Sex Dreams and Denim Jeans
Styles: electro, autotune
It makes sense that this record was supposed to drop in 2007. Back then, French electro was every blog’s favorite fix; Ed Banger was the coolest label in the world; and Uffie found herself in just the right place at just the right time. The Floridian expat had moved to Paris when she was a teen, fell in with the local DJ crowd during a sketchy romance with the producer Feadz (if dude was old enough to be scratching records in the early 90s, he was probably too old to be dating a 16-year-old in 2005), and soon had a couple Hypem hits to her name after rapping over their beats. Ed Banger’s flagship act Justice had just spilled into the mainstream with †, and they’d taken a bit of Uff with ’em by spotlighting her on their single “Tthhee Ppaarrttyy.” To top it all off, the girl had only recently become street legal and was still being bandied about by the Humbert Humberts of the music press as a Lolita temptress too hot (and young) to touch. A debut record sometime within the year would’ve been an easy sell.
But it’s 2010, and Uffie’s just now getting around to Sex Dreams and Denim Jeans. This makes a lot less sense, not only from a commercial standpoint (some say the wait left Ke$ha time to snag Uffie’s sound/image, not to mention place on the pop charts), but also from a qualitative one: despite the holdup, Sex Dreams sounds every bit the rush job a 2007 Uffie debut would have likely been. Her rhymes are undercooked and served with all the panache of a scratch take; the record’s five producers turn in a surprisingly bland batch of beats (though I wouldn’t mind instrumentals of Mr. Oizo’s “Art of Uff” and SebastiAn’s “Difficult”); and too much of the thing is recycled from Uffie’s paltry discography. Let’s be real: does anyone need a fourth (fucking FOURTH) official, physical release of “Pop the Glock” at this point? Shit was an MP3 blog hit nearly half a decade ago, and even then it was interesting mostly because of the potential it suggested for such a bratty young’un. In hindsight, it’s little more than a structureless mess floated by Feadz’ vocoded snap-hop production — and sadly still the most listenable thing to be salvaged from either of their careers.
But there’s one thing I do admire about this shit-miserable record, and that’s its honesty: Uffie sucks at just about everything, and she’ll be the first to tell you as much. In fact, Sex Dreams never lets you hear the end of it. Over the course of the record’s torturously generous 48 minutes, Uffie admits she’s got a shit voice, shit lyrics, and shit flow (considering she has nothing to do with the backing tracks, that’s about all she does), details how her career amounts to little more than a scam, and generally describes herself as a lazy hack. There’s not a trace of irony or sarcasm to be found, and while Uffie might simply be trying to beat her critics to the punch, there’s an unmistakable sincerity present in even her most damning self-portraits. Lord knows the music itself does fuck-all to invite disagreement.
I want to say “you’ve gotta hear it to believe it,” but there’s too much good music out there to waste your time on the bad — let alone the bad that knows it’s bad. So in recognition of Uffie’s sole achievement (and in the interest of assigning this record some kind of purpose), I’m going to let her lyric sheet do the talking from here. Think of the following as an open letter from the desk of Uff: I’ve made some small ordering edits and [bracketed] additions for clarity/grammar, but otherwise these words are entirely her own.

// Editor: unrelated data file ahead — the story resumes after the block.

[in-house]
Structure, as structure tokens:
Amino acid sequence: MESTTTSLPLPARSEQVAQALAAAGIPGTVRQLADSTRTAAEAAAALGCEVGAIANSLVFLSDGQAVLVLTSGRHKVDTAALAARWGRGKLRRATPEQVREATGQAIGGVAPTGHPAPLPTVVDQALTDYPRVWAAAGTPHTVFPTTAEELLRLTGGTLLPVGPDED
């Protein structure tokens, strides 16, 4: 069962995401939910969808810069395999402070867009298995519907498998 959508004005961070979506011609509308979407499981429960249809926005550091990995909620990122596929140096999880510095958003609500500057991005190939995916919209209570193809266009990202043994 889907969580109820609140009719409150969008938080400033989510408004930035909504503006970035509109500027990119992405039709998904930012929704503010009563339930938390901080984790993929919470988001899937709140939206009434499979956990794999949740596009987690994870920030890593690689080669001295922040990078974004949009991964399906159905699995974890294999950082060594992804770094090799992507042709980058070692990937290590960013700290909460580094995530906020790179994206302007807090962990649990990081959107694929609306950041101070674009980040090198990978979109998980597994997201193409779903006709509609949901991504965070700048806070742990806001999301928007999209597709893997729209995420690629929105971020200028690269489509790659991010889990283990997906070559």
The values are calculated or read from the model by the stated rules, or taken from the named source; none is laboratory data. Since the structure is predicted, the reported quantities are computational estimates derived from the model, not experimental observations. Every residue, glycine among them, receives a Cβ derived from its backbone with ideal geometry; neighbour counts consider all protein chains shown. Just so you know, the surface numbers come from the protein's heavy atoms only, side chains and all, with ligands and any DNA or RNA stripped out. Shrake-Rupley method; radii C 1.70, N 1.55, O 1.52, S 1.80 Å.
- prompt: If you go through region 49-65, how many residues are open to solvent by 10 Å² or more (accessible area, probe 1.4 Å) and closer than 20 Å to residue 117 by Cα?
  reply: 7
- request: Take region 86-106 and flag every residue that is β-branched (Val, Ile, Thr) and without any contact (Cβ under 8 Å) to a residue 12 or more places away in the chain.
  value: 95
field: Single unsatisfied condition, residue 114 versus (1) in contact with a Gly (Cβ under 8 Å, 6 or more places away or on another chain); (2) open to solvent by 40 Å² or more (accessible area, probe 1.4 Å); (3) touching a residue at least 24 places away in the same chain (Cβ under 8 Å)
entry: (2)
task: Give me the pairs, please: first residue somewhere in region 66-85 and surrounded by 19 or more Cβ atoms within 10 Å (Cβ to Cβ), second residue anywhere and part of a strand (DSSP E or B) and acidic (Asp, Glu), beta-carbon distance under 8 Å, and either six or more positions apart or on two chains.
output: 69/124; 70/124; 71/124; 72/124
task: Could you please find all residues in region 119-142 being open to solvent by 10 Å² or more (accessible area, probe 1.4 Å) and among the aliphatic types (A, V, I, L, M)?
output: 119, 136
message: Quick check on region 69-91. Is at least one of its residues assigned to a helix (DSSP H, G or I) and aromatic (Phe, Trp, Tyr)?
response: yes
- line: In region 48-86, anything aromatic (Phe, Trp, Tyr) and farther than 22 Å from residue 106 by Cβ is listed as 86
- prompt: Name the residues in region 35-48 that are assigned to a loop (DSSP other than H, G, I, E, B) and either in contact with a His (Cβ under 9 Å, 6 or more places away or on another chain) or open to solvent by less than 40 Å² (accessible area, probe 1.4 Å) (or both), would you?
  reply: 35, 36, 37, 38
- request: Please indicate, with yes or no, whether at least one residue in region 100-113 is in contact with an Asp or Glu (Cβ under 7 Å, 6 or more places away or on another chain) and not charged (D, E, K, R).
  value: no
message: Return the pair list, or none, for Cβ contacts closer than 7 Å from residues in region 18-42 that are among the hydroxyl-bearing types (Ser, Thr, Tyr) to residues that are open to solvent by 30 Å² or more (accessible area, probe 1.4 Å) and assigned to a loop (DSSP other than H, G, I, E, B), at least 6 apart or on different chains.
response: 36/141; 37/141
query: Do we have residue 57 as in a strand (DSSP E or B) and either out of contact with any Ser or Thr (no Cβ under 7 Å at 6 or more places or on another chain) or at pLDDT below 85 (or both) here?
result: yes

It’s about time for me to clarify a few things. I never claimed to be an artist…I’m an entertainer, not a lyricist. I can’t even sing, you know. (for dramatic effect, sings heavily autotuned while remaining well out of key) I even tried out to play saxophone [before dropping out of school], and you’ll be the first one to hear how it sound[ed]. (long and terrible synth-sax solo ensues, albeit likely not played by Uffie)
[You see,] there’s two kinds of MCs out there: there’s the ones who rap, and the ones who don’t care. And frankly, I don’t give a fuck. I’m [just] taking advantage of this industry, [while miraculously remaining] the least working girl in show business. I don’t have any job to attend in the morning…[but] when the freaks come out at night, [when] they dancing hot and they getting high, guess who’s [allegedly] making big bucks on it? [Me. Despite my shows generally looking a lot like this.] Who says Uffie’s a dumb bitch?
So don’t worry if I write rhymes, I write checks…[though] I only make three tracks a year, [so I probably don’t write my own checks, either.] I got friends in all parts of the world….[but] when all my friends are gone [especially the producers, label, and other benefactors,] I [will] cry cry cry until the day I die. [To pass the time, if nothing else.]
If I get popular, I know that ain’t fair, [but please do support me and buy this album.] Your ears might hurt a bit, [but] frankly I don’t give a fuck. You can kiss my ass. [I wish I could say] “I’m gifted, ain’t gotta sell sex”…but sometimes I feel like I’m for sale. You gotta work hard – no room to cheat – [but] I waste a shitload of time. I’m fucking lazy…But I look good, you want me – so buy my CD and Google me. [Please?]
Fuck it, you don’t give a fuck. Fuck what you bitches say, I got coke in my brain. We’re gonna need to train monkeys…can we train ’em to mix? Maybe we can get the audience to finish this track…Who I gotta fuck to get some cranberries?
01. Pop the Glock
02. Art of Uff
03. ADD SUV (feat. Pharrell Williams)
04. Give It Away
05. MCs Can Kiss
07. First Love
08. Sex Dreams and Denim Jeans
09. Our Song
10. Illusion of Love (feat. Matt Safer)
12. Brand New Car
13. Hong Kong Garden